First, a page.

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Publication numberUS8699547 B2
Publication typeGrant
Application numberUS 13/216,819
Publication date15 Apr 2014
Filing date24 Aug 2011
Priority date19 Dec 2008
Also published asCA2747626A1, CA2747626C, EP2377258A2, US8265128, US20100158142, US20110305191, WO2010080195A2, WO2010080195A3
Publication number13216819, 216819, US 8699547 B2, US 8699547B2, US-B2-8699547, US8699547 B2, US8699547B2
InventorsYi Yu, James Earl Womack, Zhijun Cai
Original AssigneeBlackberry Limited
Export CitationBiBTeX, EndNote, RefMan
External Links: USPTO, USPTO Assignment, Espacenet
Multiple-input Multiple-output (MIMO) with relay nodes
US 8699547 B2
Abstract
A method for providing multiple-input multiple-output (MIMO) feedback information and configuration information. The method includes transporting the MIMO feedback information, configuration information, or both over an uplink relay link using higher layer signaling. Also included is a method for providing uplink data transmission over an access link. The method includes transporting the uplink data over an uplink access link using orthogonal frequency-division multiplexing access (OFDMA). Also included is a relay node comprising a processor configured to promote transmitting MIMO feedback information, configuration information, or both over an uplink relay link using higher layer signaling. Also included is a user agent (UA) comprising a processor configured to promote transmitting uplink data over an uplink access link using OFDMA.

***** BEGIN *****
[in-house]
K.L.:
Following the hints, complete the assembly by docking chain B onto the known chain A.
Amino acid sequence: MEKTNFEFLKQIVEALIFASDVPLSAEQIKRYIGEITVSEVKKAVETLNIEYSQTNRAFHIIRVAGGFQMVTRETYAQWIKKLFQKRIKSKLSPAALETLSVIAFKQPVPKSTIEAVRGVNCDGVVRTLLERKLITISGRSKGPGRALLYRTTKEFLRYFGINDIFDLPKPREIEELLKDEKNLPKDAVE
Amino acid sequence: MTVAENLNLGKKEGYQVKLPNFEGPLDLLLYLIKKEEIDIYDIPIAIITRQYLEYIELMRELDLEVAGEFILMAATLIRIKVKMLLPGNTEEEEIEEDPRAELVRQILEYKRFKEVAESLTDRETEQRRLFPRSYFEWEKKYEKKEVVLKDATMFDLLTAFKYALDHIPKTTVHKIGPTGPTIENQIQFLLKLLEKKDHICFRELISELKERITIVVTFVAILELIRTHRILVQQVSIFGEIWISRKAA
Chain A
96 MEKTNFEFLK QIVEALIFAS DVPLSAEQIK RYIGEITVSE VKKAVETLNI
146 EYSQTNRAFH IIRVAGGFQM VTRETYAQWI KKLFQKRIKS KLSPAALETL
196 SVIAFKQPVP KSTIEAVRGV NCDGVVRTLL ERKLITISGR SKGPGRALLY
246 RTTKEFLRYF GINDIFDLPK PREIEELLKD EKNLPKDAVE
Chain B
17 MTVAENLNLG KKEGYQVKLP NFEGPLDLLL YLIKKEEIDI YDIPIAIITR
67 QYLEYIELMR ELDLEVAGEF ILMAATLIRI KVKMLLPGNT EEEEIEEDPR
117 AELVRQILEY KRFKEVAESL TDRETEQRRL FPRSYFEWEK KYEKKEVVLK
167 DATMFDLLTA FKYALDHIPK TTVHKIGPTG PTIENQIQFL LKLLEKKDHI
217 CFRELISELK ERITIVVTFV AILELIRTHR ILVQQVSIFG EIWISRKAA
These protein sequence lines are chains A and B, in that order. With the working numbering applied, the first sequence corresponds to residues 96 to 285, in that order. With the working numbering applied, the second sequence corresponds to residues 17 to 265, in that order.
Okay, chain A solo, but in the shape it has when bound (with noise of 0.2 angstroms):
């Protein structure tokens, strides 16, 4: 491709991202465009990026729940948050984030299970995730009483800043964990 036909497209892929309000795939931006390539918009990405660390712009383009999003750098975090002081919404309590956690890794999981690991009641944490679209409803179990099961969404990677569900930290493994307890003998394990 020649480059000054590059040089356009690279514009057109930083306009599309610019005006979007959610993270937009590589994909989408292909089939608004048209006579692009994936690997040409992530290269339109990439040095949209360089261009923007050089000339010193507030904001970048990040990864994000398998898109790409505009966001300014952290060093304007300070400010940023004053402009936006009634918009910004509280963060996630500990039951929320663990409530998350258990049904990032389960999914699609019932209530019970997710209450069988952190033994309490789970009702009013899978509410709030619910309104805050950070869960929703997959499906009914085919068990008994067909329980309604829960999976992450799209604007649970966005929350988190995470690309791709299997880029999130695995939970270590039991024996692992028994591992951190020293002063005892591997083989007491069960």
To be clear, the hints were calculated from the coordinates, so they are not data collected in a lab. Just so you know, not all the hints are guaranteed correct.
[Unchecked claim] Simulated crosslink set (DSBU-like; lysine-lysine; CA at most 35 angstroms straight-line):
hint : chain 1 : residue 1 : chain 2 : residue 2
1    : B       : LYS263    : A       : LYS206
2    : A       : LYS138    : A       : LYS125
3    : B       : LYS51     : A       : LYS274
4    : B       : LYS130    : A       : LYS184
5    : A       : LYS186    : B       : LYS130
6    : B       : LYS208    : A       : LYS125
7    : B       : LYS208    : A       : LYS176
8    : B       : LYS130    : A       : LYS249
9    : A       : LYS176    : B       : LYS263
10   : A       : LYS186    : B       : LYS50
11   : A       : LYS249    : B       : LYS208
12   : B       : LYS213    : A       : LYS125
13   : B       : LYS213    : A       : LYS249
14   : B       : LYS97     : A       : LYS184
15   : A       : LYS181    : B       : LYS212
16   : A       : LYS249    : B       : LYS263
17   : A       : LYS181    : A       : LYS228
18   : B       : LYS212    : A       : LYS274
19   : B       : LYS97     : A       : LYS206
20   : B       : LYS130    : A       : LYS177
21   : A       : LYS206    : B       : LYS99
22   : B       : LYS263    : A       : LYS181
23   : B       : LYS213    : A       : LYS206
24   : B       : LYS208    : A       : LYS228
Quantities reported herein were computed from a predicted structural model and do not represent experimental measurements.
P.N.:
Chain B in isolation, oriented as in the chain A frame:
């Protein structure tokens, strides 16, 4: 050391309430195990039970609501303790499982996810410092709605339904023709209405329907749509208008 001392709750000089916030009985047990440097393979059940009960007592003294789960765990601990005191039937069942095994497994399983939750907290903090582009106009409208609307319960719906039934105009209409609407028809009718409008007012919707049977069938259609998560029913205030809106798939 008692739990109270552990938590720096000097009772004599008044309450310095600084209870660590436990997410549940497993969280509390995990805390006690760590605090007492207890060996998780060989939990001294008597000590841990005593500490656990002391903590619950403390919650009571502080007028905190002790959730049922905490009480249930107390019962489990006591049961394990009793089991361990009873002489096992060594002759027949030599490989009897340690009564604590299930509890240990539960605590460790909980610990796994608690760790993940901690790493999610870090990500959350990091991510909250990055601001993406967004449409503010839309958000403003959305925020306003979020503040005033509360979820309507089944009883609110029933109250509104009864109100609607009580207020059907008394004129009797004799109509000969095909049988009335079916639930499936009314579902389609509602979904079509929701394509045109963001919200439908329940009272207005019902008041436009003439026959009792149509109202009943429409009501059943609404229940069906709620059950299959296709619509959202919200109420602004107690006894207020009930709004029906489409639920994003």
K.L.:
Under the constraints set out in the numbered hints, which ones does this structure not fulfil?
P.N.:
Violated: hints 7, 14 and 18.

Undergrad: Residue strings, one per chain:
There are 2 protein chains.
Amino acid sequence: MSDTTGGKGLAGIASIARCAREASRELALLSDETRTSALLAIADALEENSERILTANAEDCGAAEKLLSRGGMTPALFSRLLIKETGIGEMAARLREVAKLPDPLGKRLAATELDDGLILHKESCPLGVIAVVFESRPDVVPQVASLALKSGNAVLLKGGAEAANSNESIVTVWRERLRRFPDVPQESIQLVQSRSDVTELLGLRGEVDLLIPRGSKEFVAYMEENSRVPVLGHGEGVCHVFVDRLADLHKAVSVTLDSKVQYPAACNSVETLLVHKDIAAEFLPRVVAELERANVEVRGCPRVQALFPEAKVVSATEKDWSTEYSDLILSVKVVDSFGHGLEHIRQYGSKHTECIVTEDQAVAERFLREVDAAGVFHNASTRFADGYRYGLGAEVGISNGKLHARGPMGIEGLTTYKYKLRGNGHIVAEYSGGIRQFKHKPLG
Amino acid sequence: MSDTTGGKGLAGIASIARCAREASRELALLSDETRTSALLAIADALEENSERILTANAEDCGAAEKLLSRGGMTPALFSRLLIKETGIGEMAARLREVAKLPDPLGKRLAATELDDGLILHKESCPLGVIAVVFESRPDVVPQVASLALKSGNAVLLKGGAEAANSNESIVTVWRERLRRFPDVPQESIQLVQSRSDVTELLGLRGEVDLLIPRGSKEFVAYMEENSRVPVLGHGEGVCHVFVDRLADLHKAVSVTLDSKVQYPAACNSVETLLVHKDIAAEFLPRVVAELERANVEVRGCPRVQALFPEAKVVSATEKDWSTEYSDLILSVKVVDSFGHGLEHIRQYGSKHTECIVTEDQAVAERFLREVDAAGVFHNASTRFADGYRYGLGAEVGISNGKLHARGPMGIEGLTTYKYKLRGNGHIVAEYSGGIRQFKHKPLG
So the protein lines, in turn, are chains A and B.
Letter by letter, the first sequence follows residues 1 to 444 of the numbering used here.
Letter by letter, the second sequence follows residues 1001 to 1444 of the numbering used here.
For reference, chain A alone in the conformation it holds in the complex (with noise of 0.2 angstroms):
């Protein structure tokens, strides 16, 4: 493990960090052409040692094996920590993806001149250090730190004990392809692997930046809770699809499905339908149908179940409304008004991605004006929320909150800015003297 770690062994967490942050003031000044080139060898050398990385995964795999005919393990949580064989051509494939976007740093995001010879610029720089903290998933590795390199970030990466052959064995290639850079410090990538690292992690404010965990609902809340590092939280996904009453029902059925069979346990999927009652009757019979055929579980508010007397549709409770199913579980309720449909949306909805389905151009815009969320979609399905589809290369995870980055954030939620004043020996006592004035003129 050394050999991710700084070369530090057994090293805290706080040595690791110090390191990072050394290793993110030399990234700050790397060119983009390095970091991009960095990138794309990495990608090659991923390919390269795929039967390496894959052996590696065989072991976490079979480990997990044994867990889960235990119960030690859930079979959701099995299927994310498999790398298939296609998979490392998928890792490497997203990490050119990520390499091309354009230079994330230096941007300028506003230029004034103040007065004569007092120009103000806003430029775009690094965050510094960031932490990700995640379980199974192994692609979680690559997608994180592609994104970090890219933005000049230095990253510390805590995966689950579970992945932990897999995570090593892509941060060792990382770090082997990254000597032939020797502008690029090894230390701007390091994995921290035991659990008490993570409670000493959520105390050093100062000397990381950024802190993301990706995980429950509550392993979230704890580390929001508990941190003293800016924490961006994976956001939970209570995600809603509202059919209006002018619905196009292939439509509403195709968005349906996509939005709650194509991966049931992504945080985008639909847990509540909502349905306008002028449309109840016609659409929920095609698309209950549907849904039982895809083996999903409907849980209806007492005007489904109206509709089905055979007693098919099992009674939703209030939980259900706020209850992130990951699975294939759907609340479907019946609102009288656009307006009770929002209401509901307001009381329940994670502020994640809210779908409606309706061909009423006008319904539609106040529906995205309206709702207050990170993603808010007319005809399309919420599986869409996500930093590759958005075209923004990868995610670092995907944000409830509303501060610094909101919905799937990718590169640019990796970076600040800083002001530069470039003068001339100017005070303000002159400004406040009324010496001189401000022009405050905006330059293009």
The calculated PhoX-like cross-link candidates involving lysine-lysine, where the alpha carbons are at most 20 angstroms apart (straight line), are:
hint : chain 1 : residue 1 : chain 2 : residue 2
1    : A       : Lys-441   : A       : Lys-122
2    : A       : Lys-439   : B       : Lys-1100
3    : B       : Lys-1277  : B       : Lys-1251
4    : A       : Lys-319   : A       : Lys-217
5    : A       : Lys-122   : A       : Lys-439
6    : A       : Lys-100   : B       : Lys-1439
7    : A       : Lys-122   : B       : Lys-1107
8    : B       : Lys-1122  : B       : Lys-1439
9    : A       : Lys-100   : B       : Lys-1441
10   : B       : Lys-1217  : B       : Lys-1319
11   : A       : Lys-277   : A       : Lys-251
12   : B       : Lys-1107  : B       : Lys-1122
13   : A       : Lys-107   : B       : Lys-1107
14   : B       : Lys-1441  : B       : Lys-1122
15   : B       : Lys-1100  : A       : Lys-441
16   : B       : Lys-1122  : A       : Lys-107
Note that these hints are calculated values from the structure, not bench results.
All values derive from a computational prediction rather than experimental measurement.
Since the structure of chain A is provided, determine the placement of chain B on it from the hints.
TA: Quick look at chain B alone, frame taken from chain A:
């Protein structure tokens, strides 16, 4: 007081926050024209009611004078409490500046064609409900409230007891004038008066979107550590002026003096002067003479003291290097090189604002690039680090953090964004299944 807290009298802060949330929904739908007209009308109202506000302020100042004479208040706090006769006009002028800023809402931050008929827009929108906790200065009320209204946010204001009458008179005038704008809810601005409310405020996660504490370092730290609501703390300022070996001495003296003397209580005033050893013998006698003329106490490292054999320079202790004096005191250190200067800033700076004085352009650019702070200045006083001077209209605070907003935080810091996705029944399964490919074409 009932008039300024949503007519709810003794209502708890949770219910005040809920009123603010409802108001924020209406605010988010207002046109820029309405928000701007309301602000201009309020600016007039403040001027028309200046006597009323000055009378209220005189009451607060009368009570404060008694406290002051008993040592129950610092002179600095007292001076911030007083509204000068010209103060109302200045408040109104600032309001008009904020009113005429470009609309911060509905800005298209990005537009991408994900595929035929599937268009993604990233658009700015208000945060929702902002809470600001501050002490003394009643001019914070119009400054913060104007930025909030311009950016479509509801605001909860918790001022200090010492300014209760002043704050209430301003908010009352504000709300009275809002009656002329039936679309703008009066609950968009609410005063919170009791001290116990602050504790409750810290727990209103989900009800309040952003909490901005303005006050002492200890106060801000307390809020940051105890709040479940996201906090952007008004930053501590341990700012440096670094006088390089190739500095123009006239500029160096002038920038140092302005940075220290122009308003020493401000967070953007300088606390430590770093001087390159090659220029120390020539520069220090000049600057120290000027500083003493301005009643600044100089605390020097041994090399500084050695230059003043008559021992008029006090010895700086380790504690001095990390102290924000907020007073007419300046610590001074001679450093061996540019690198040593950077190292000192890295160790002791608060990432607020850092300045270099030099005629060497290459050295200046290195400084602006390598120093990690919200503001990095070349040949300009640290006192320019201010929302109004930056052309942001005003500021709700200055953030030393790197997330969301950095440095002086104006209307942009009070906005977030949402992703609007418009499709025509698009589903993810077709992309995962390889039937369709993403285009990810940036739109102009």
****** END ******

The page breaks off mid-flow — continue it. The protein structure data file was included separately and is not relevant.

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Claims(23)
What is claimed is:
1. A method for transmitting uplink data by a user agent, comprising:
establishing an uplink access link with a relay node that has a relay link to an access device, wherein the uplink access link utilizes an orthogonal frequency-division multiplexing (OFDM) access scheme between the user agent and the relay node regardless of the access scheme used between the relay node and the access device; and